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Asif said that Pakistan had been urging for implementation of the decision on the issue of construction of the Kishan Ganga dam on the Jehlum river. The treaty requires annual meetings but none have been held since May 2015 because of tense relations between New Delhi and Islamabad.

The press statement was issued in connection with the 113th Meeting of Permanent Indus Commission, which commenced today. He said that Pakistan had always been pleading that the Indus Basin Waters Treaty was one of the few world level treaties that provided forum to get resolution of water issues in a peaceful manner.

The Permanent Indus Commission is a bilateral commission of officials from India and Pakistan, created to implement and manage goals of the Indus Waters Treaty 1960.

The bilateral talks were halted in March 2015 at the time when both the countries were on table to take up issues like Kishan Ganga and Ratal power projects by India.

Last year, the secretaries of power of both countries agreed to third-party resolution through the World Bank.

Despite various media statements causing speculations, Pakistan showed restraint and kept making efforts to resume commission level talks.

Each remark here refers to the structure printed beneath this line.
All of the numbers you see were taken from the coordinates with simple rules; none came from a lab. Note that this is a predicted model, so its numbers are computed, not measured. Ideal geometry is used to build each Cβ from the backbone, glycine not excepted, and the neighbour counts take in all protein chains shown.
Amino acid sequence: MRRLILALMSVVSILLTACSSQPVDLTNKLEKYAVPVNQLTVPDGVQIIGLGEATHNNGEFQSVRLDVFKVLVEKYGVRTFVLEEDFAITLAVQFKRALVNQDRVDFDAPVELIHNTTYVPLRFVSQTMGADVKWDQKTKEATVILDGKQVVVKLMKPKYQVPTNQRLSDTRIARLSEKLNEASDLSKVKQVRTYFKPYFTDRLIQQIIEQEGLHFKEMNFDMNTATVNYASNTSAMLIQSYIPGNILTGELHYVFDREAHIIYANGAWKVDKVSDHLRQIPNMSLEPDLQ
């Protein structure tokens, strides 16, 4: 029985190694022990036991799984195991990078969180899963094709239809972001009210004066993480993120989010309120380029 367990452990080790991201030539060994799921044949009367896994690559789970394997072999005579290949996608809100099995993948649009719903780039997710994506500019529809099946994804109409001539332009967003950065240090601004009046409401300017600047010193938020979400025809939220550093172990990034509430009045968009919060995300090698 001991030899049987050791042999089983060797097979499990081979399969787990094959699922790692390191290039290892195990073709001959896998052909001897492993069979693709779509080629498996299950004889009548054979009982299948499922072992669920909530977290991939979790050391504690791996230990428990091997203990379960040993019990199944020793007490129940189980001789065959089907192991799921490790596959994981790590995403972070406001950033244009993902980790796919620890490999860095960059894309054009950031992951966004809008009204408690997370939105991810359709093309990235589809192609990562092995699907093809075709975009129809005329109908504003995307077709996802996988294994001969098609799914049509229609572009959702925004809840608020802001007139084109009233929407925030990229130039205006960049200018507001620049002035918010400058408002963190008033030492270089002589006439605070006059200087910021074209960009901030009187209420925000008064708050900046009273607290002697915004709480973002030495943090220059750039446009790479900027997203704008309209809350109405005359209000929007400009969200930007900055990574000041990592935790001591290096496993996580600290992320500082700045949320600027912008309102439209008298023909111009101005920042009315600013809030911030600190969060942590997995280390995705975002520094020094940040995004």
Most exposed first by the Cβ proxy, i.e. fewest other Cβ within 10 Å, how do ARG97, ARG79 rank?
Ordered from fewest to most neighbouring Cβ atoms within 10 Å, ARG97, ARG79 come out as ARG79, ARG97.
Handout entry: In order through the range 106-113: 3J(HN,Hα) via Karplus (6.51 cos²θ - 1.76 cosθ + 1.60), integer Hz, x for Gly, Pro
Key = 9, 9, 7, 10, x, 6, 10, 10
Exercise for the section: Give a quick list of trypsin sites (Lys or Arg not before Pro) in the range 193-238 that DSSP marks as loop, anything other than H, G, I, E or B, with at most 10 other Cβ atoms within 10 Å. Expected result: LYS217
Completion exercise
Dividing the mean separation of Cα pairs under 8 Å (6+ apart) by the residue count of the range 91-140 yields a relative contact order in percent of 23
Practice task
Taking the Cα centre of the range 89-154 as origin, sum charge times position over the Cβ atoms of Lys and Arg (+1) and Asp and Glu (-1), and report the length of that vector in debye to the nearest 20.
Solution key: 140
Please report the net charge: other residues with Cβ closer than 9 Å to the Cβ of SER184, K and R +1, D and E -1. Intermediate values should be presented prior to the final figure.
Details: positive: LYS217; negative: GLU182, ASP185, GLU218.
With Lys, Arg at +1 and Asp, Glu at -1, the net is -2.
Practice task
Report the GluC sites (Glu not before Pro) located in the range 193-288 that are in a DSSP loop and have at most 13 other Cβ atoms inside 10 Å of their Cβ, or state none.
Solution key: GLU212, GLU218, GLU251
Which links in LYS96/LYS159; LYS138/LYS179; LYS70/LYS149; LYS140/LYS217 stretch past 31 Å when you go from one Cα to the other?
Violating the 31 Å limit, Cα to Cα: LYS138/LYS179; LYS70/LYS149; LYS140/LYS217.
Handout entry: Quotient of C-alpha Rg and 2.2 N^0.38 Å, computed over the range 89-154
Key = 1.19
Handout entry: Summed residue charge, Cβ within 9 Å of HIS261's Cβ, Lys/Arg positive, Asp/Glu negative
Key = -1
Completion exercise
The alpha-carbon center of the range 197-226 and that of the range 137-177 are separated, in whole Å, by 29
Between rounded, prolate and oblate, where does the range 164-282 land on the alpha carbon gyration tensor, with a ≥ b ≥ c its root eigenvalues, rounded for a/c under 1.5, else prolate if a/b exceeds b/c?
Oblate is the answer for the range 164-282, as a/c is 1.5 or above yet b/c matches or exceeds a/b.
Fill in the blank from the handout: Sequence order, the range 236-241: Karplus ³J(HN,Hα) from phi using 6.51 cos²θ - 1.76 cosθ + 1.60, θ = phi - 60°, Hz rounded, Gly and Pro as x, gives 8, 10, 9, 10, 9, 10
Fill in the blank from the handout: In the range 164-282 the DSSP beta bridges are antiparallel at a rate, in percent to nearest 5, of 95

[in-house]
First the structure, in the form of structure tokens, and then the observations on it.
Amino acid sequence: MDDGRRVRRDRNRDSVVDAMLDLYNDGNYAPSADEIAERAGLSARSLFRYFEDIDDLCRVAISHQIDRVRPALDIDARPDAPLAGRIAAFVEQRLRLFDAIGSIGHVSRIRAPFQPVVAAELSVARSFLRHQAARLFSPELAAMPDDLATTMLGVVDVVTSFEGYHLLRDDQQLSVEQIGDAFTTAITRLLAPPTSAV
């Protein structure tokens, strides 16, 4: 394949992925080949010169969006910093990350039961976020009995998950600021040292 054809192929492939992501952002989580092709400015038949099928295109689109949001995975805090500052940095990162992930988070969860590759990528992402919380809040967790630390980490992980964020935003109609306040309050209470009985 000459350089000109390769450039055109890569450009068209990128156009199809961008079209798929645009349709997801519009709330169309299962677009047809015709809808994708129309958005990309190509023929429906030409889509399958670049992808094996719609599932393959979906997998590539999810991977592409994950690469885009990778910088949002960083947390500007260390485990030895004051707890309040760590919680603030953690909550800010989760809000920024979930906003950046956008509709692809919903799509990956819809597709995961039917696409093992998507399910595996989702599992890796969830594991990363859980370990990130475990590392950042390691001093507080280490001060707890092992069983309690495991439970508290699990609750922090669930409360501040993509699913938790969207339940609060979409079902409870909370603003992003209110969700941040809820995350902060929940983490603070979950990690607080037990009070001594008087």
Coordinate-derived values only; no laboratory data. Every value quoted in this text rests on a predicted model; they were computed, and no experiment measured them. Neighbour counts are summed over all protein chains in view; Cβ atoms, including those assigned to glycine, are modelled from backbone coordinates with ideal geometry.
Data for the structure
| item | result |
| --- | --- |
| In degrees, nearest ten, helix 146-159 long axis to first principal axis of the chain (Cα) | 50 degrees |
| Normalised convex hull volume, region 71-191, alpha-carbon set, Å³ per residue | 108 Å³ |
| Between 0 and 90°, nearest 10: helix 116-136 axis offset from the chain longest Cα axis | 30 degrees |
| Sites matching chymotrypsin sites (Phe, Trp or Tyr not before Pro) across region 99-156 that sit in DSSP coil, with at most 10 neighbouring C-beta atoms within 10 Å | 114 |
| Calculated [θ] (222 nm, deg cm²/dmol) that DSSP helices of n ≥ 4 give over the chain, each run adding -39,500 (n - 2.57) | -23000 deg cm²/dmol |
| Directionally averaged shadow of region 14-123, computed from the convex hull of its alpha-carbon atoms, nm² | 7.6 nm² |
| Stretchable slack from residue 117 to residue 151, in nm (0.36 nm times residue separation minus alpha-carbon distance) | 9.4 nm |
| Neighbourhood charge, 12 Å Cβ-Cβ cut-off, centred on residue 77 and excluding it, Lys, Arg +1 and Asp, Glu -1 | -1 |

The minister said the meeting will discuss the design aspects of Pakal Dul, Lower Kalnai and Miyar hydroelectric plants and flood data supplied by India.

Indian Indus Water Commissioner P.P. Saxena and his Pakistani counterpart Mirza Asif Beg opened the formal talks before leaving for northeastern Lahore city, where the talks will conclude on Tuesday. The delegation later left for Islamabad by road amid high security.

According to reports, Pakistan would highlight concerns about the three Indian hydro projects being built on the rivers flowing to Pakistan.

The two-day meeting of the Indus Water Commission began Monday in Islamabad and officials said the discussions focused on designs of three controversial hydropower projects India plans to build on the Chenab River.

He said Pakistan has welcomed the readiness of India for talks at Indus Water Commissioners level.

Pakistan, a country of 180 million people with a largely agriculture-based economy, fears the projects could severely deplete its water resources. "Under these, the environment and climate change can not be excluded", he added.